Plethora of authors discuss books at Crazy 8’s Tour
The Nicholson Library was abuzz with the lively chatter of literary enthusiasts Oct. 18. As the clock struck 7 p.m., the crowd turned its attention
The Nicholson Library was abuzz with the lively chatter of literary enthusiasts Oct. 18. As the clock struck 7 p.m., the crowd turned its attention to the panel of seasoned authors before them.
The Crazy 8’s Tour, sponsored by Third Street Books, was created by George Byron Wright, one of the eight authors featured. He created the author’s tour in an effort to showcase the best writers of the Northwest and sell novels. In total, Wright compiled 28 authors and decided to host eight authors in eight different bookstores around Oregon.
The tour was originally slated to be hosted at Third Street Books. When the owner realized there was not enough room, she called upon those at the Nicholson Library, who were more than happy to host such a prestigious array of authors.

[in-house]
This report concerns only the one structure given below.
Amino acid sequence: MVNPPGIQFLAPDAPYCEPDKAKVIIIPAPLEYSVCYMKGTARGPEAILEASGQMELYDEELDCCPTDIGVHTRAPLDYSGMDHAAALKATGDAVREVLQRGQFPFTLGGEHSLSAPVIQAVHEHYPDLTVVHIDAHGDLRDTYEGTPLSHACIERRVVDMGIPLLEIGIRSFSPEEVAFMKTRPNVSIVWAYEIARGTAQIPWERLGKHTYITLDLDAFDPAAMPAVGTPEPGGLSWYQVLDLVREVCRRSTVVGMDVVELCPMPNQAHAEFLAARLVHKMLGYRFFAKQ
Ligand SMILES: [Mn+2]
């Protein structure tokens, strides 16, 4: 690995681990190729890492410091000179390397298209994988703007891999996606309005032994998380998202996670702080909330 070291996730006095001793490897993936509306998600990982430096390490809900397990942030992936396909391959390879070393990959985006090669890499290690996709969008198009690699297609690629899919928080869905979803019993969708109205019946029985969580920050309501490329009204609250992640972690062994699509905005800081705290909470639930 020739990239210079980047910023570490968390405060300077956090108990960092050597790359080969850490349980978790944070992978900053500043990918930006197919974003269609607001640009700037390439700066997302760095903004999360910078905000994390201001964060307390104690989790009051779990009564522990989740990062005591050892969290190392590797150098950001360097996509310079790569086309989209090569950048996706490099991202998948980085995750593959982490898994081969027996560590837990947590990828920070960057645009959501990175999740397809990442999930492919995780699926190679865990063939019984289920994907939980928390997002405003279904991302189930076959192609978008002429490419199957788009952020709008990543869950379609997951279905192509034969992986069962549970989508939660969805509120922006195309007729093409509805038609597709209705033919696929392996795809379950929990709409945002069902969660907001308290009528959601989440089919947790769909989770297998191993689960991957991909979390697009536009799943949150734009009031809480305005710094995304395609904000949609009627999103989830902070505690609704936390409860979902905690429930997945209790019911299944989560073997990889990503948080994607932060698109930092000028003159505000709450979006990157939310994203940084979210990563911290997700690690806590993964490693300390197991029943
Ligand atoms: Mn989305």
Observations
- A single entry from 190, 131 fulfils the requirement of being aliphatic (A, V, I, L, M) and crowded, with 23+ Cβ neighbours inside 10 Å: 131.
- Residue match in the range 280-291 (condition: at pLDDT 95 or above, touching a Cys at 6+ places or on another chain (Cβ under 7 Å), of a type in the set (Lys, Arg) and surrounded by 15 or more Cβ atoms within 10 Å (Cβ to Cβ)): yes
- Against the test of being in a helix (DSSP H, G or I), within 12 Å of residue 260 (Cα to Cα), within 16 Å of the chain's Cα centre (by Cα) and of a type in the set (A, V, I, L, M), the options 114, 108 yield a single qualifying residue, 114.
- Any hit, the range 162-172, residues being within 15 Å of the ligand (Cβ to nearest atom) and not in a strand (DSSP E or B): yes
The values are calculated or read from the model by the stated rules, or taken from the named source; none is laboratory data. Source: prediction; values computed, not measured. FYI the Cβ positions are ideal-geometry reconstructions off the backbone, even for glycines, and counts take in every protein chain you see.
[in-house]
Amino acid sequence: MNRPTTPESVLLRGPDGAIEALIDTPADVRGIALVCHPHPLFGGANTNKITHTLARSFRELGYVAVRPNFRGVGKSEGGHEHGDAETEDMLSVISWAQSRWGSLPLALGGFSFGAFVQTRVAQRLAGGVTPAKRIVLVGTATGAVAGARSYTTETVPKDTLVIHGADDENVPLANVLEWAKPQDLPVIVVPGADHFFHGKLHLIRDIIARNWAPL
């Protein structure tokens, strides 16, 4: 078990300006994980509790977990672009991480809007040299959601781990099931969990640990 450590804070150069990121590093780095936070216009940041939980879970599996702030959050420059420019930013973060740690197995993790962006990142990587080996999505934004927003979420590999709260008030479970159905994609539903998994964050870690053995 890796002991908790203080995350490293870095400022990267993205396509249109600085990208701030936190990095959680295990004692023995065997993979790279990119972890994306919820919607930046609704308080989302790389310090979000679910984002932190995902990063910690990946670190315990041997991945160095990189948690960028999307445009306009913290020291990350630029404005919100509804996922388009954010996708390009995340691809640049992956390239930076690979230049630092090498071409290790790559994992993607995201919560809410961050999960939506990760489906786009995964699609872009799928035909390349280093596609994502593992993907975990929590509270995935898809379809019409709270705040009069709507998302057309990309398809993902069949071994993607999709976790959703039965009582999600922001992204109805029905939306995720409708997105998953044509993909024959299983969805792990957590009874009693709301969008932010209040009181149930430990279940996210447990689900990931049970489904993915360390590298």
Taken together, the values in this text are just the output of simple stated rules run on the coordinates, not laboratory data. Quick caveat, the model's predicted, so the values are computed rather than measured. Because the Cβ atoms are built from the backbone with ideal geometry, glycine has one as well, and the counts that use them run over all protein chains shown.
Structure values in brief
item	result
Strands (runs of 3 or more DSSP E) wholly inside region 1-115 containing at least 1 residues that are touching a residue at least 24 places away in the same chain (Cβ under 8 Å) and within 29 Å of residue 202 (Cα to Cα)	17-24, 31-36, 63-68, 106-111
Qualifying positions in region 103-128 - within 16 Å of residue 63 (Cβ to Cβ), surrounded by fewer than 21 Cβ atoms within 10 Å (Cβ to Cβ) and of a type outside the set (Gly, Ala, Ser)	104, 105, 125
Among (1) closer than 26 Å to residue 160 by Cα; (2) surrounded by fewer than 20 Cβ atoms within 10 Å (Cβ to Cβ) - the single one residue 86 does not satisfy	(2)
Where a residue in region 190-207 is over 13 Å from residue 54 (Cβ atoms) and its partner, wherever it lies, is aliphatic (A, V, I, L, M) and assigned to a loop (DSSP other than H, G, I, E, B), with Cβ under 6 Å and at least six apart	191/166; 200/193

Each of the eight authors was able to speak about their motivations for their novels, writing experiences and the hardships of publishing.
“I’ve never been so far into a novel and been so afraid of not finishing it,” said Molly Gloss about her experience writing her latest novel.
Gloss is the author of four novels, including “The Heart of Horses,” which was the finalist for an Oregon Book Award.
In an effort to make a dent in her manuscript, Gloss wrote every day during the National Novel Writing Month of November 2011. Still not finished with her novel, Gloss says she is eagerly awaiting this upcoming November, in which she hopes to finally complete the novel.
The Crazy 8’s Tour consisted of authors of different genres, including the poet Ursula Leguin.
“You can only write poetry for the sake of doing it,” Leguin said about why she loves her craft. “You find your poem saying for you things you never knew you needed to say.”
Leguin believes that poetry has not been turned into a business as novels have, and that in writing poetry is able to do what she loves while escaping from capitalism.
“I’m not a genre writer, I wish I were. It’s more lucrative,” said Wright, an Oregon native, about his style and motivations for writing. “We’re all flawed by human imperfection, it draws us in. That’s what I’m all about as an author.”
The authors shared their valuable advice to hopeful authors after the panel in a Q-and-A session.
The biggest message that the audience left with was that writing a novel takes effort and a long time, but the final result makes it all worthwhile.